The ready patrol had their attention focused entirely on me; burning their engines at maximum to close to within weapons range. With a thought, I slugged a target priority list to the drone control subsystem and devoted more processing time to the base itself. Two sets of Sentry systems surrounded a small cluster of prefab hab modules, a couple of cargo containers that looked to at one point belonged to an Iteron, and a bog-standard Hangar Array rounded out the construction. I let an intel-autosoft share the various sensor feeds long enough for it to spit out a result: the pirates wouldn’t be able to ready all their ships simultaneously; instead I’d be facing four waves, with the other two sentry systems comming online in time to augment the third, and the heavier assets, 4 Cruiser-class hulls, making up the last.
For a capsuleer, in a combat ship, a cakewalk. Why they wanted a Battleship baffled me.
My drones reduced the last frigate in the initial patrol to an outgassing wreck, and I sent the command to return them to my bay, my attention shifting to the sentry systems. One was a missile launcher who’s ordinance was exhausting its maneuvering delta-V long before it got to me; the other a railgun system that seemed to have trouble tracking my only mildly evasive course. I sent a surge of power through my ECM systems, temporarily blinding the emplacements targeting systems. It would only last a few seconds before the computers restarted, but those few seconds were all I needed to drop back into cloak and change course.
The alert wave, three more destroyers backstoping a pair of frigates finally got off the launch rails; but I was ghosting below the plane of the ecliptic. The smaller ships scrambled towards my last recorded position, hoping to get close enough to pick up enough of a trace of me to get an active sensor return; but I was faster than they were expecting and had ‘dove’ clear. Passive sensors tracked their vectors as I began the next phase of my assault.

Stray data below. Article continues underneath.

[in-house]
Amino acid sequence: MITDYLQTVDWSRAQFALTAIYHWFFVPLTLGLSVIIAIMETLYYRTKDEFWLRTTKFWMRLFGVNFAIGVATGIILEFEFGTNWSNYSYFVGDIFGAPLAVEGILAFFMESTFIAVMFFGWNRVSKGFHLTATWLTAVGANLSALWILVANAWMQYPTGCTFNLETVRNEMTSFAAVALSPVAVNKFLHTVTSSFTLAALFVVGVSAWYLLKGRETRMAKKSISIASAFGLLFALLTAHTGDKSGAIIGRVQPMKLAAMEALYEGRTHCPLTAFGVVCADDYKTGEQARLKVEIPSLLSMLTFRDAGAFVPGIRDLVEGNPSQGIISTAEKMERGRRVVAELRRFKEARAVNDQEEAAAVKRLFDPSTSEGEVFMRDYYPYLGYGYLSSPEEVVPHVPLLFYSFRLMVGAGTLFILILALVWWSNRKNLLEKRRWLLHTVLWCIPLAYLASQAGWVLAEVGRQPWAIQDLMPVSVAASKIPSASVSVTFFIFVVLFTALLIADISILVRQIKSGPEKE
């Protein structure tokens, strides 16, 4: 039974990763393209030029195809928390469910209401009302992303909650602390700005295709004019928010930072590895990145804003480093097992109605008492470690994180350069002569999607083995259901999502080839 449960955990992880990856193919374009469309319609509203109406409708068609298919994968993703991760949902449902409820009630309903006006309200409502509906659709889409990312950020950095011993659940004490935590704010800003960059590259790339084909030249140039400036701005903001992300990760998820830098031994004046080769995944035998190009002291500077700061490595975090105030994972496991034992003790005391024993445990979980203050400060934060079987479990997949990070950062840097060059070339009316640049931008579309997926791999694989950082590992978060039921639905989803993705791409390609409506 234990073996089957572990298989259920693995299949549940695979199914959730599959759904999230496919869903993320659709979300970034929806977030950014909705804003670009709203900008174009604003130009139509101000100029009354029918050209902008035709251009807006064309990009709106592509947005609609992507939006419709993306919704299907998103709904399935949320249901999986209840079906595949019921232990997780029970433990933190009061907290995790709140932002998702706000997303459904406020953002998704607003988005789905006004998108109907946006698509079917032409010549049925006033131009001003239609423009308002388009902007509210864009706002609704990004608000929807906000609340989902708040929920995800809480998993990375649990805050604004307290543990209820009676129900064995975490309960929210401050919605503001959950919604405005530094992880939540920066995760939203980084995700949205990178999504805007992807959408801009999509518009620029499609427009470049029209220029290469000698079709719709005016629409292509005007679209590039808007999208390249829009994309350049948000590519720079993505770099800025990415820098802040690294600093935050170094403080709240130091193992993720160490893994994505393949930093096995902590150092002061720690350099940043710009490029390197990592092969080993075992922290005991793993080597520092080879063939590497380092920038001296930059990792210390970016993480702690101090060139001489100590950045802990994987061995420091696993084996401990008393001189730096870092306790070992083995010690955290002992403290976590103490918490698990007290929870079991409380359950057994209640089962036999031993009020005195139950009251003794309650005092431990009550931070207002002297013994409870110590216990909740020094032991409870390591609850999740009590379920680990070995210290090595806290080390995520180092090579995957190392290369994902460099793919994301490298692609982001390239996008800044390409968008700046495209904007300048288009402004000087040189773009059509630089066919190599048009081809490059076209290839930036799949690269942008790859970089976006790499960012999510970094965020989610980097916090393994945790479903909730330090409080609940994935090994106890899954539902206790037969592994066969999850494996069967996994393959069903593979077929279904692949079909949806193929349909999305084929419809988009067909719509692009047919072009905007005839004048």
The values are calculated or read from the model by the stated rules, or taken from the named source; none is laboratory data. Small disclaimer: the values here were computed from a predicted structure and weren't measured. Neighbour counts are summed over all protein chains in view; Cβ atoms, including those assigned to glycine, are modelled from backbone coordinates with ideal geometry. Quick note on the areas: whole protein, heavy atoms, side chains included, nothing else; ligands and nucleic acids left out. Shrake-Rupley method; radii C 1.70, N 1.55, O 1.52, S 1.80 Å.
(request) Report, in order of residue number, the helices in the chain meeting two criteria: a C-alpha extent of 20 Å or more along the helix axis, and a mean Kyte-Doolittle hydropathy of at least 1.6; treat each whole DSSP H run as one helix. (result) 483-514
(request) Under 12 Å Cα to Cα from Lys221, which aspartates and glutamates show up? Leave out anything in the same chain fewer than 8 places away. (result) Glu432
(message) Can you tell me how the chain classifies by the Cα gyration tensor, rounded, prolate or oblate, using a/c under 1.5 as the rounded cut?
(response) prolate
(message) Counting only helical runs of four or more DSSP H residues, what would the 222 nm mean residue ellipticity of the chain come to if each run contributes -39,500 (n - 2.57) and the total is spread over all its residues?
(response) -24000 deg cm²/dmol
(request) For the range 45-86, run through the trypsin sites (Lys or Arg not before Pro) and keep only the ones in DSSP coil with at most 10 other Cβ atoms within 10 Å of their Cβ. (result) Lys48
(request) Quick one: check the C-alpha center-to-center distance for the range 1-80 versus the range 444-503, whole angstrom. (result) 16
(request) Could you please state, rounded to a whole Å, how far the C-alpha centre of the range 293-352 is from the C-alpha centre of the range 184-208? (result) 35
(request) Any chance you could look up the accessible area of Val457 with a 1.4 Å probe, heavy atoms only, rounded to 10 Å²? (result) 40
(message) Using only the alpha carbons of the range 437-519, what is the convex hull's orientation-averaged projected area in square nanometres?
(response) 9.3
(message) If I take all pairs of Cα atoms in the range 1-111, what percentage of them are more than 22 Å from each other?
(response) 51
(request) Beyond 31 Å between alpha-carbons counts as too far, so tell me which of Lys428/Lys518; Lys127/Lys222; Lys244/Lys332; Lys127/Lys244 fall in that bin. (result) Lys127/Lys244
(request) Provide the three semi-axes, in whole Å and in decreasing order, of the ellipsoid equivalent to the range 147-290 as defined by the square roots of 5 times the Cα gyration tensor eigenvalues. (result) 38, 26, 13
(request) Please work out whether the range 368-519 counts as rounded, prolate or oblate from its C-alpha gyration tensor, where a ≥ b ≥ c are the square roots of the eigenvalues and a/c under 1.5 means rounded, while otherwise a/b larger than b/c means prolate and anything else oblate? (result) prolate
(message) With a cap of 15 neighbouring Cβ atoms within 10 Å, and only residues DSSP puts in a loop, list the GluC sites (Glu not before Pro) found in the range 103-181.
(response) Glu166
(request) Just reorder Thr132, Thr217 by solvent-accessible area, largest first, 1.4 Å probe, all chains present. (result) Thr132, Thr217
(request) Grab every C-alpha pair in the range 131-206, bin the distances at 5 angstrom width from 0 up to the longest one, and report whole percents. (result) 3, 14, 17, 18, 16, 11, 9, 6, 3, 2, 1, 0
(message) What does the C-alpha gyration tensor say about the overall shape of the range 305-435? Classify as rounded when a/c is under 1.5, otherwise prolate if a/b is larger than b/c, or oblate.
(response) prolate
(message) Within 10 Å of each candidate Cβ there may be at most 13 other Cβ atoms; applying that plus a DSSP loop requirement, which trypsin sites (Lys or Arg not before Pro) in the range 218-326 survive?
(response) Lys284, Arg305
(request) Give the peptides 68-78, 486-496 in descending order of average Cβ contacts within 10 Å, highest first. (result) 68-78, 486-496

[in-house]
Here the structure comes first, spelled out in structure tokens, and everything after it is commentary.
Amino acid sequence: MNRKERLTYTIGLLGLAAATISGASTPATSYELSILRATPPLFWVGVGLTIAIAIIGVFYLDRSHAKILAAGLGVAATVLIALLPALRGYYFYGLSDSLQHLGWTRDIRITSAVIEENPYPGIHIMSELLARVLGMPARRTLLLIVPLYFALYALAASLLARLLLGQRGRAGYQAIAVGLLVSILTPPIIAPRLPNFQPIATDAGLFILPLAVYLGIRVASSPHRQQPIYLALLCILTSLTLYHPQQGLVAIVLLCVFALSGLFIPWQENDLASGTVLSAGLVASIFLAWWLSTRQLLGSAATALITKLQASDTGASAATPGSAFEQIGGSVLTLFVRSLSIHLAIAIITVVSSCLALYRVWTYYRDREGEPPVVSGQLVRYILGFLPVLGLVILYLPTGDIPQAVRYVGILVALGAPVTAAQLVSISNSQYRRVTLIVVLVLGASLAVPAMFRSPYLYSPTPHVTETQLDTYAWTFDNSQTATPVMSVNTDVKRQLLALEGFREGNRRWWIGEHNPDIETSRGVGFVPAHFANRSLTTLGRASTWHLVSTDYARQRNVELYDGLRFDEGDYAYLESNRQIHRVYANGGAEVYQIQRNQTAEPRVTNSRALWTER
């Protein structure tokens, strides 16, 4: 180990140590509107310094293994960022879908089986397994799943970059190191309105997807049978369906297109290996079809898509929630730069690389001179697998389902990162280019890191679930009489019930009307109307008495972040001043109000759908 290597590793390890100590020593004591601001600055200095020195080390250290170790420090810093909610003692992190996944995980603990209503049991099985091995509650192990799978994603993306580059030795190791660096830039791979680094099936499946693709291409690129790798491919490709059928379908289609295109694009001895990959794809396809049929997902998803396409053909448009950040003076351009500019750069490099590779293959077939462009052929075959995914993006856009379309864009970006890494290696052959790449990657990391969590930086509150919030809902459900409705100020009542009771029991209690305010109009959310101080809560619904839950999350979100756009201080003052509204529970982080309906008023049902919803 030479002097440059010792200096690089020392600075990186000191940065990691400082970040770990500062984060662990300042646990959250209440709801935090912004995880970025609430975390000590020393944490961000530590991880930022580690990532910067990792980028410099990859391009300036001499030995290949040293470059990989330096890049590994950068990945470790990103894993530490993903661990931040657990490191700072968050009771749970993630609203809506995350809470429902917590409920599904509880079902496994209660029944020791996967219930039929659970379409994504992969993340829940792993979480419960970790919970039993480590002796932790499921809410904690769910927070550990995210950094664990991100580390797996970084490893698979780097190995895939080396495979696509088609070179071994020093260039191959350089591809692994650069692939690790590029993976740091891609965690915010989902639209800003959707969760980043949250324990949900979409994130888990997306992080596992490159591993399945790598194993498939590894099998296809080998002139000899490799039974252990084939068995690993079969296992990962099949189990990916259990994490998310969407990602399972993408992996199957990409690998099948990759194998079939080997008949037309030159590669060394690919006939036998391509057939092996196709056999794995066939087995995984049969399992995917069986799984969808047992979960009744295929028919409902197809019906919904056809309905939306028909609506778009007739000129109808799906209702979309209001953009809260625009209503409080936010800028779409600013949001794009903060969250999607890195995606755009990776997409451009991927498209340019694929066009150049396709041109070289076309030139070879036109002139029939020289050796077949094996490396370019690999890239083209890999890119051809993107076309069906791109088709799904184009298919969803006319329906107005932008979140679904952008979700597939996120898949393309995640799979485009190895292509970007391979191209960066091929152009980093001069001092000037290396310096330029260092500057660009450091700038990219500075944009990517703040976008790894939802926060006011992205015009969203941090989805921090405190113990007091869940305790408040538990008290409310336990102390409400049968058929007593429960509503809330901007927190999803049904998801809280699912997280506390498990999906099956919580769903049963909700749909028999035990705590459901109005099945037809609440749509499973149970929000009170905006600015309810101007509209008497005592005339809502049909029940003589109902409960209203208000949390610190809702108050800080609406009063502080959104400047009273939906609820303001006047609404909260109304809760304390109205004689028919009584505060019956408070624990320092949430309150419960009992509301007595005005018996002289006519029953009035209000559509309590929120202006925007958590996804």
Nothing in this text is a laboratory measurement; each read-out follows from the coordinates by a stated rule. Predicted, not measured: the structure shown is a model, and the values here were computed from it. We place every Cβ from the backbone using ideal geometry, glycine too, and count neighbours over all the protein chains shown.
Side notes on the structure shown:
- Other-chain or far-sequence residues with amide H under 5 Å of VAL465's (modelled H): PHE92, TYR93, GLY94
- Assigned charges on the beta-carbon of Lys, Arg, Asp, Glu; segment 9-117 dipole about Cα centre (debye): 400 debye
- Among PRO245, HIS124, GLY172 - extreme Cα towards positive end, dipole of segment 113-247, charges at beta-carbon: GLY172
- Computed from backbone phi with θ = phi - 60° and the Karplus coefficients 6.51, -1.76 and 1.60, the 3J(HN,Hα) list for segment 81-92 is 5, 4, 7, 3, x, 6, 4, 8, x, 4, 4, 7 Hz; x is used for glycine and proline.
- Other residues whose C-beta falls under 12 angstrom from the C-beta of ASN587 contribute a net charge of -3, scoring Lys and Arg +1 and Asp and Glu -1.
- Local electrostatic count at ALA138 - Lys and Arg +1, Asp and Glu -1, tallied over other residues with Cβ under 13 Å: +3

Like a Doomwhale swallowing a fishing boat, I lunged up through the heart of the complex, cloak distorting and failing as I flipped my active sensors to full power and relocked the sentry positions. Again drones lept off the rack in pursuit of the pirate vessels desperately turning to race back and defend their base. Kinetic screens rang with the impact of short-range railgun and missile fire, but even at this short range the defensive emplacements couldn’t overcome the state-of-the-art shield systems protecting my armored skin. Perhaps in time they could have worn me down; but time was something I wasn’t about to give. Exhaust gasses blossomed into the void as I let loose with a computer-synchronized volley of military grade torpedoes. The Ballistic Control Systems performed beautifully, the five-part harmonic blasts of high-energy plasma warheads stripped the shields protecting the battery. Before the breakers could reset, before emergency power could be shunted, a second volley slashed into the armored side; reducing titanium plate to so much boiling vapor.
A pinged alert brought my primary focus back to the battle being fought between my drones and the doomed pirate ships. Two of the Destroyers were down, but one marginally intelligent frigate captain had started engaging the hobgoblins working on the third. I threw enough ECM at him to blind a battleships’ sensor arrays. I was fighting this battle on automatic; tactical simulations of this difficulty had literally been childsplay to me. Launchers were cycling on the sentry guns, drones were finishing off the frigates… It was almost too easy. And the first rule of survival in New Eden is that something too good to be true is a trap.
The third wave got off the station before I slammed a volley of torps into the hangar array and reduced the deck crew desperately preparing the Cruisers for launch into so much ash. At close range, the swarm managed to nibble my shields down a surprising amount; leaving me with a sensation akin to a headache even after the last defiant frigate was reduced to a hulk by my drones. I hadn’t asked for their surrender, and they hadn’t offered it. A broadcast to the hab modules ordering a stand-down, combined with an active target lock kept things nice and civilized until the Concord boarding craft could arrive to begin clearing the facility.
The thought nagged, however; why had it been so easy? Why were the famous Guristas Pirates, renowned for their tactical acumen, behaving like poorly-coded videogame AIs?